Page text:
“Sean Avery’s A Sweetheart”

“Sean Avery’s a sweetheart.”

No, that wasn’t NHL commissioner Gary Bettman commenting on one of his league’s highest profile players. That was John DeStefano after his horse won yesterday’s Grade 1 Vanderbilt Handicap.

Oh, sure, the human and the equine have a few things in common. Both have had time on the sidelines, the hockey player for suspensions, the horse for injuries.  Both are competitive, plying their trades aggressively.

But on Sunday afternoon, as #16 was no doubt mulling his next steps after a weekend arrest for an incident with a police officer, #6 was winning his first graded stakes race and making plans for the Breeders’ Cup.

At age 5, the fragile (not an adjective you’d use to describe the hockey player) colt was making only his tenth start; off from racing for extended periods of time, he’s always come back from layoffs to win, but yesterday was his fifth start this year, and he’s now 4-1-0 in 2011.

The win was trainer Allen Iwinski’s first Grade 1 at Saratoga; check out Jay Privman’s story at DRF for why it’s especially meaningful.

Sean Avery is owned by Black Swan Stable, which is managed by John DeStefano. DeStefano met Avery the hockey player five years ago in New York.

“I don’t know anything about hockey,” DeStefano said yesterday.  “I met him at a dinner for the opening of a museum, and he told me he was known for how fast he is on the ice. He told me he has really fast legs.”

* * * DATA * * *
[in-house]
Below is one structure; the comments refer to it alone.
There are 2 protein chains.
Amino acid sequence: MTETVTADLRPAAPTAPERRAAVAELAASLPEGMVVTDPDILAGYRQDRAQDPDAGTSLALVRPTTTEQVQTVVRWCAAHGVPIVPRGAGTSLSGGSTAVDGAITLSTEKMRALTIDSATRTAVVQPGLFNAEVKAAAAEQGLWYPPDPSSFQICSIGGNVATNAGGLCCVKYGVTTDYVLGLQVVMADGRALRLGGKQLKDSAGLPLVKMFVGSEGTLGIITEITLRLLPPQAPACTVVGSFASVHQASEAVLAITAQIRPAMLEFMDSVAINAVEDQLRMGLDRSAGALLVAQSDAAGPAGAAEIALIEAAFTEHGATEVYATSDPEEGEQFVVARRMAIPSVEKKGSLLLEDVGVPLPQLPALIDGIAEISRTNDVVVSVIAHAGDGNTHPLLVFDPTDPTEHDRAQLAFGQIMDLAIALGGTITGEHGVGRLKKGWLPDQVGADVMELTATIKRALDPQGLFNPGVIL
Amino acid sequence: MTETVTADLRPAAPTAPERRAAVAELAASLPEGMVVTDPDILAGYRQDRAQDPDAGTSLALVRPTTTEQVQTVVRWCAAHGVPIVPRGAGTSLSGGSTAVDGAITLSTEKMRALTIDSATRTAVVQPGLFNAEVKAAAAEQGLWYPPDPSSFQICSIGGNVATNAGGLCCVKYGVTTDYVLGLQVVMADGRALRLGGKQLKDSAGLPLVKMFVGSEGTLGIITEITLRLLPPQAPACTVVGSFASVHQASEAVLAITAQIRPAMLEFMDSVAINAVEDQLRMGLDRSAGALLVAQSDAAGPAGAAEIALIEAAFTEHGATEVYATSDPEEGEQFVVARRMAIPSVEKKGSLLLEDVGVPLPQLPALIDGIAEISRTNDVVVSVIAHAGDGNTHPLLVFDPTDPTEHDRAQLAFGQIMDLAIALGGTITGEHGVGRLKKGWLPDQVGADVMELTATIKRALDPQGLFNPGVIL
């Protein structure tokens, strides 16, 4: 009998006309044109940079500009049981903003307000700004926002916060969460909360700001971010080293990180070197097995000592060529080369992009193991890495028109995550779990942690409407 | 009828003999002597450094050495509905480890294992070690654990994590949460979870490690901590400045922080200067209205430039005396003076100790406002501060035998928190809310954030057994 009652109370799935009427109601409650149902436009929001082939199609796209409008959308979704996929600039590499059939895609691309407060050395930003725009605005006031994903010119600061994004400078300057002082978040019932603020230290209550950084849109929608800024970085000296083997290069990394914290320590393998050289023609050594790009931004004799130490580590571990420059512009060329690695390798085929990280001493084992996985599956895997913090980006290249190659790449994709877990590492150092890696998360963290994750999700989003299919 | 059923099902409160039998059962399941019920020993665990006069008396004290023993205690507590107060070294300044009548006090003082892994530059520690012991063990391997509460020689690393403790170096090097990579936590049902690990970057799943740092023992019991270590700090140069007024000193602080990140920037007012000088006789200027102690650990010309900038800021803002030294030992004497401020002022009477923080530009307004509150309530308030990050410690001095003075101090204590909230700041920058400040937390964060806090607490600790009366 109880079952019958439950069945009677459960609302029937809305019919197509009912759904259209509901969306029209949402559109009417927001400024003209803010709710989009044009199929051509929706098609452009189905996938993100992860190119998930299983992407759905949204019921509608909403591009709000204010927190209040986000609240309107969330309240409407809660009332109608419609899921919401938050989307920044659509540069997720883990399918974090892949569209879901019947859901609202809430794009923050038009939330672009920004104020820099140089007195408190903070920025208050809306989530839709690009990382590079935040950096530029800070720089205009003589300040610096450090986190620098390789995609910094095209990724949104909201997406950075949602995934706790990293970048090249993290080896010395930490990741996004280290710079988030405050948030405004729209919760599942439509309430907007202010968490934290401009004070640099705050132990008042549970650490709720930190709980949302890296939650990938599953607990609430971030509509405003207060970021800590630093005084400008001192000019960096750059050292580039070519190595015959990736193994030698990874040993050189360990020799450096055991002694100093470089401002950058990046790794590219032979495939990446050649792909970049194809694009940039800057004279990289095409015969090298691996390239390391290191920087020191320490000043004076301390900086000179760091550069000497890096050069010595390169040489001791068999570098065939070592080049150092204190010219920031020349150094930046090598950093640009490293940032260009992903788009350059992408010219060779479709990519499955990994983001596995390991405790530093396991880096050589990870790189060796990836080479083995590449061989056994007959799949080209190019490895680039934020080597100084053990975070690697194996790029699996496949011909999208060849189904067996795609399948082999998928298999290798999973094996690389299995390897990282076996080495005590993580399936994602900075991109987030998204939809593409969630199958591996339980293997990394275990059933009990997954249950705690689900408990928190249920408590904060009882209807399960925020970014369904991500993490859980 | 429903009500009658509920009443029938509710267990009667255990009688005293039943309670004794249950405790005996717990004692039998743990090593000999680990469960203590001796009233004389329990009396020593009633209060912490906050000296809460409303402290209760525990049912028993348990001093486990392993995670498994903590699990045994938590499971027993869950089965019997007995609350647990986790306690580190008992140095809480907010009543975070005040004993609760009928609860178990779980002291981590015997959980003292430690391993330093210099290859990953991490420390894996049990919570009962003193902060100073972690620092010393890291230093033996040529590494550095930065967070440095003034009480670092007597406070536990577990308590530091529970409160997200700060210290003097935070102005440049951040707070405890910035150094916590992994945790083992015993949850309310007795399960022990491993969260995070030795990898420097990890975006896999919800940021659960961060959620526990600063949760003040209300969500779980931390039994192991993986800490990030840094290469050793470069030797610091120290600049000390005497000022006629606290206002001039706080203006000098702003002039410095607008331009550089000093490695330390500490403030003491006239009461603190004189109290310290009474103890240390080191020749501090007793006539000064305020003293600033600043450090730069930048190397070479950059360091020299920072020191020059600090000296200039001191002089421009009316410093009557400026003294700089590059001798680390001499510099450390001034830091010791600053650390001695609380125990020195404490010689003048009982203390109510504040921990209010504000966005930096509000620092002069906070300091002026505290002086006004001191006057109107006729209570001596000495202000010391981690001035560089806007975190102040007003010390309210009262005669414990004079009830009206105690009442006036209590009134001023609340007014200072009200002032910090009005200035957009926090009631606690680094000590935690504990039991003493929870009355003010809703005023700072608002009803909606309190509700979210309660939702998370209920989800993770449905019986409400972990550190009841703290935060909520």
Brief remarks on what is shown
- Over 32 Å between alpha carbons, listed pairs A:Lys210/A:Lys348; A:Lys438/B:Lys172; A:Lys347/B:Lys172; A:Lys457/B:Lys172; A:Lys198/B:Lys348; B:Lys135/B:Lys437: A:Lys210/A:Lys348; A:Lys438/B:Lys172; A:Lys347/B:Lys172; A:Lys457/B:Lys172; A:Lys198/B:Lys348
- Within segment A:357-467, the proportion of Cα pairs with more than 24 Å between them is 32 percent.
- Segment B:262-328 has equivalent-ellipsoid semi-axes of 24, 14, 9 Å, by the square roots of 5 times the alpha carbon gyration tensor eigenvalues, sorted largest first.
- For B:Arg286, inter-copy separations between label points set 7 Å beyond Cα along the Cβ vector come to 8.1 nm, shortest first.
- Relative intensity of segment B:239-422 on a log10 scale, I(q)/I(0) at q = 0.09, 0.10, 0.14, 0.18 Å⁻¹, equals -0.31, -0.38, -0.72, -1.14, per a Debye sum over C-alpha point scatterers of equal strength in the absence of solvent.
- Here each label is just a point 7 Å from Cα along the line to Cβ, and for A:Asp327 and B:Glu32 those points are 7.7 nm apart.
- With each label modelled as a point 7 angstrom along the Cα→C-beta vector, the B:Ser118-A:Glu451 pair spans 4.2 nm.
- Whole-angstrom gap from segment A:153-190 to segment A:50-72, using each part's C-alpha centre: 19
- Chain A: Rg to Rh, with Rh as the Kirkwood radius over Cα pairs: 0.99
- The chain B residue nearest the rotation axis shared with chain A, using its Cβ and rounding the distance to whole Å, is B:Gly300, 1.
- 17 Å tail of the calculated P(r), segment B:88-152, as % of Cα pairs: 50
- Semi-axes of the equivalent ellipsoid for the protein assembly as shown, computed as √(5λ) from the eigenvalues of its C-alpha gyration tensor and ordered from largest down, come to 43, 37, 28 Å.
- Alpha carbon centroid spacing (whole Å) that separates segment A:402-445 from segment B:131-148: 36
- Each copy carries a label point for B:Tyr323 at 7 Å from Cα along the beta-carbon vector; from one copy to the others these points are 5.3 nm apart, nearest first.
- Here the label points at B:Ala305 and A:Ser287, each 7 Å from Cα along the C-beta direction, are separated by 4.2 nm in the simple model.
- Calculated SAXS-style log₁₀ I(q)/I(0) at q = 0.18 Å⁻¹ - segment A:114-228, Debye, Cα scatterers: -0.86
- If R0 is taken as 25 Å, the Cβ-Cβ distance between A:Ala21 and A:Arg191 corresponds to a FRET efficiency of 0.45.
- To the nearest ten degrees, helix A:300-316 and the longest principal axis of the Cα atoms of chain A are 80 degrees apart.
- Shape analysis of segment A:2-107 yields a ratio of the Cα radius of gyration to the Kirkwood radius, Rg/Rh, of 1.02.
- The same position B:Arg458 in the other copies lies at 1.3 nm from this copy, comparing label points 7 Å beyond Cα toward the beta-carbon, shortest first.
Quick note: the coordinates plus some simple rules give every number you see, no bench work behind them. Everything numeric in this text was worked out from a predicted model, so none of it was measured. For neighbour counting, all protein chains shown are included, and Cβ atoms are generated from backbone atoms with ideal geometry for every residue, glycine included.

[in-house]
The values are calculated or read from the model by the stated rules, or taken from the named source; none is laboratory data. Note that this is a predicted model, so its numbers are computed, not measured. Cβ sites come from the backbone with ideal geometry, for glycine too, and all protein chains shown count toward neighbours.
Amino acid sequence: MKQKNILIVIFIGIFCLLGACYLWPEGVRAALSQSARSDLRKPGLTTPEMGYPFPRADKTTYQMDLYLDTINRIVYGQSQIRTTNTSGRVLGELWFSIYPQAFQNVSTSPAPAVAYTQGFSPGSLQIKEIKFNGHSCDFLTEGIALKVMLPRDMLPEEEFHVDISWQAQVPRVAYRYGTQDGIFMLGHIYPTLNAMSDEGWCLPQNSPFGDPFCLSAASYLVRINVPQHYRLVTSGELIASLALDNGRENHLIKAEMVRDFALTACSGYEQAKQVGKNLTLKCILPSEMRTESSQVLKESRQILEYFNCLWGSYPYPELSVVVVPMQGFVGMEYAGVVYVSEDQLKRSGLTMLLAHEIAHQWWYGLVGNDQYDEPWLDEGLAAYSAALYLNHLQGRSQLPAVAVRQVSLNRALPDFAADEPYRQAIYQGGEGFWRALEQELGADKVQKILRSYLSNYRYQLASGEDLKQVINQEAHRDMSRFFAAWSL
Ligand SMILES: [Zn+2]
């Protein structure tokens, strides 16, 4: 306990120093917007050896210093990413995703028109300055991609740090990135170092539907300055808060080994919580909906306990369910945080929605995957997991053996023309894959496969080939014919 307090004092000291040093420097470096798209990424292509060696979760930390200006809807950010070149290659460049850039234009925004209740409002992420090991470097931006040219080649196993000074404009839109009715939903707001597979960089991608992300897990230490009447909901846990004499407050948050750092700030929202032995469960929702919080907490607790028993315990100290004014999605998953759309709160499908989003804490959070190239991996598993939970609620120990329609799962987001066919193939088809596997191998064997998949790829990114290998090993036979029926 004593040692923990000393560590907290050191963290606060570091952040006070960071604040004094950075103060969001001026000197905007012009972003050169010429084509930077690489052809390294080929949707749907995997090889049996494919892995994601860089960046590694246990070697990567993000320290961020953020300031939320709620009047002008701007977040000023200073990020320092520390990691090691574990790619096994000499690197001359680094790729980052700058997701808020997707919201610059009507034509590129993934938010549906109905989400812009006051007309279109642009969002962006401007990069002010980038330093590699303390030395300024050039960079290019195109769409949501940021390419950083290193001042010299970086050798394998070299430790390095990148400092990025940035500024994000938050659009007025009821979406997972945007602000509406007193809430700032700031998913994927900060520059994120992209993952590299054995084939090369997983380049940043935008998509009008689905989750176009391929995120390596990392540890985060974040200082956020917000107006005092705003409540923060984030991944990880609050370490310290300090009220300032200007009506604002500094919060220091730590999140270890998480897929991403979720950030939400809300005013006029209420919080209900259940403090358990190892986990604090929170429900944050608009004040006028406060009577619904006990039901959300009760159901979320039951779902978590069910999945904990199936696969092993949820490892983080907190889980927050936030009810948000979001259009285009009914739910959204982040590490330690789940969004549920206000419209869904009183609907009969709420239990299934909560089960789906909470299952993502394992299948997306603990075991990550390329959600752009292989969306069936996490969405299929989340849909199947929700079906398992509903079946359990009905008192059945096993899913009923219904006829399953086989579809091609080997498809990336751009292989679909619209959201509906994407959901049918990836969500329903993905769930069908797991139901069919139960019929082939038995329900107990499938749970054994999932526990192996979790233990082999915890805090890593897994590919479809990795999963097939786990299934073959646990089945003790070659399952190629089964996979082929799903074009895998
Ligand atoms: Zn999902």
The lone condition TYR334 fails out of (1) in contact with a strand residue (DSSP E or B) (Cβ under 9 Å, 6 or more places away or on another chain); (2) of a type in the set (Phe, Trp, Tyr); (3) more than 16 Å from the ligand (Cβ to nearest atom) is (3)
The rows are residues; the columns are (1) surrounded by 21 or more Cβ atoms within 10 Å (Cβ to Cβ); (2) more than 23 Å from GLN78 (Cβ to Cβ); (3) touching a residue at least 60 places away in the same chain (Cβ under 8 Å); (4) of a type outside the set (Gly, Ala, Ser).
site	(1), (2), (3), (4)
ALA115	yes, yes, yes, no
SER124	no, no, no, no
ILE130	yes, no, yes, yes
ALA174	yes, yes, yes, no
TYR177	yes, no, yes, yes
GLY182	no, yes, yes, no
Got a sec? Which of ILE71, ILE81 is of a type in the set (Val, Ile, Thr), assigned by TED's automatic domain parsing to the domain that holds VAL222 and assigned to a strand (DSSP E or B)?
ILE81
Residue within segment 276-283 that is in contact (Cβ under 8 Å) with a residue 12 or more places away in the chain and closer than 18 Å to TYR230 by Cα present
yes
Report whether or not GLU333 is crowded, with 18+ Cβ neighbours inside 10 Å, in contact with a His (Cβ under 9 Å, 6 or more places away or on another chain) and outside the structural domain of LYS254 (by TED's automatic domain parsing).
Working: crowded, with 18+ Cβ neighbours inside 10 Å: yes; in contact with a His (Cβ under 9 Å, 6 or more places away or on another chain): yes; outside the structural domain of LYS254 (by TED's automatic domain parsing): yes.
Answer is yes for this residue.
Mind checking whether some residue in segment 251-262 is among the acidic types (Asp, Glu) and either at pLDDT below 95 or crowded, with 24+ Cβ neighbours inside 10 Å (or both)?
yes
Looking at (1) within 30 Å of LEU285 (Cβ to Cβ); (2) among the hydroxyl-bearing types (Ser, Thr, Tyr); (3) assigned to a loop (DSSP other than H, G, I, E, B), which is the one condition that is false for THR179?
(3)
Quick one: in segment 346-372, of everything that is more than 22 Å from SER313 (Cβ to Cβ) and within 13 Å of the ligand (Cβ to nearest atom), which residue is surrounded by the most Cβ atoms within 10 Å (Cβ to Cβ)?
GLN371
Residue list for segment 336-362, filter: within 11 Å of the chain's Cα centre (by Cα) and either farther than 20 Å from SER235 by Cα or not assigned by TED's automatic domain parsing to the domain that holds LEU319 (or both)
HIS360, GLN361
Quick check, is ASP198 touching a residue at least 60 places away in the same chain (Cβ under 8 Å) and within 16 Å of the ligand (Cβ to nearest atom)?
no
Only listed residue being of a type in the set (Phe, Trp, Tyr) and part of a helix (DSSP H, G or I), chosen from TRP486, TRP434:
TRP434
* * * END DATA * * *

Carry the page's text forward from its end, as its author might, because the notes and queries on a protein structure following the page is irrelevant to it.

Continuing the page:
[We will pause here for hockey fans to formulate a response to this information.]

“So I said to him, “ DeStefano continued, “’I’ll name a horse after you. Maybe that’ll be a good omen and he’ll have fast legs.’”

Sean Avery does indeed have very fast legs. He likes to race on the lead, and yesterday he set fractions of :21.91 and :44.56 en route to a final time of 1:09.71 for six furlongs.

In his stall on Monday morning, the horse welcomed visitors, showing off a little. “He likes to play,” said his groom, Juan.

Energetically throwing his head and curling his lip, Sean Avery melts when his neck is scratched or his nose is stroked. He drops his head, his eyes begin to close, and if he were a cat, he’d start to purr. (Full disclosure: I’ve never attempted this with the hockey player. He might well react the same way.)

Asked about the horse’s namesake Sunday afternoon, Iwinski said, diplomatically, “I don’t think the two have much in common.”

Unfortunately for Rangers’ fans, he seems to be right.

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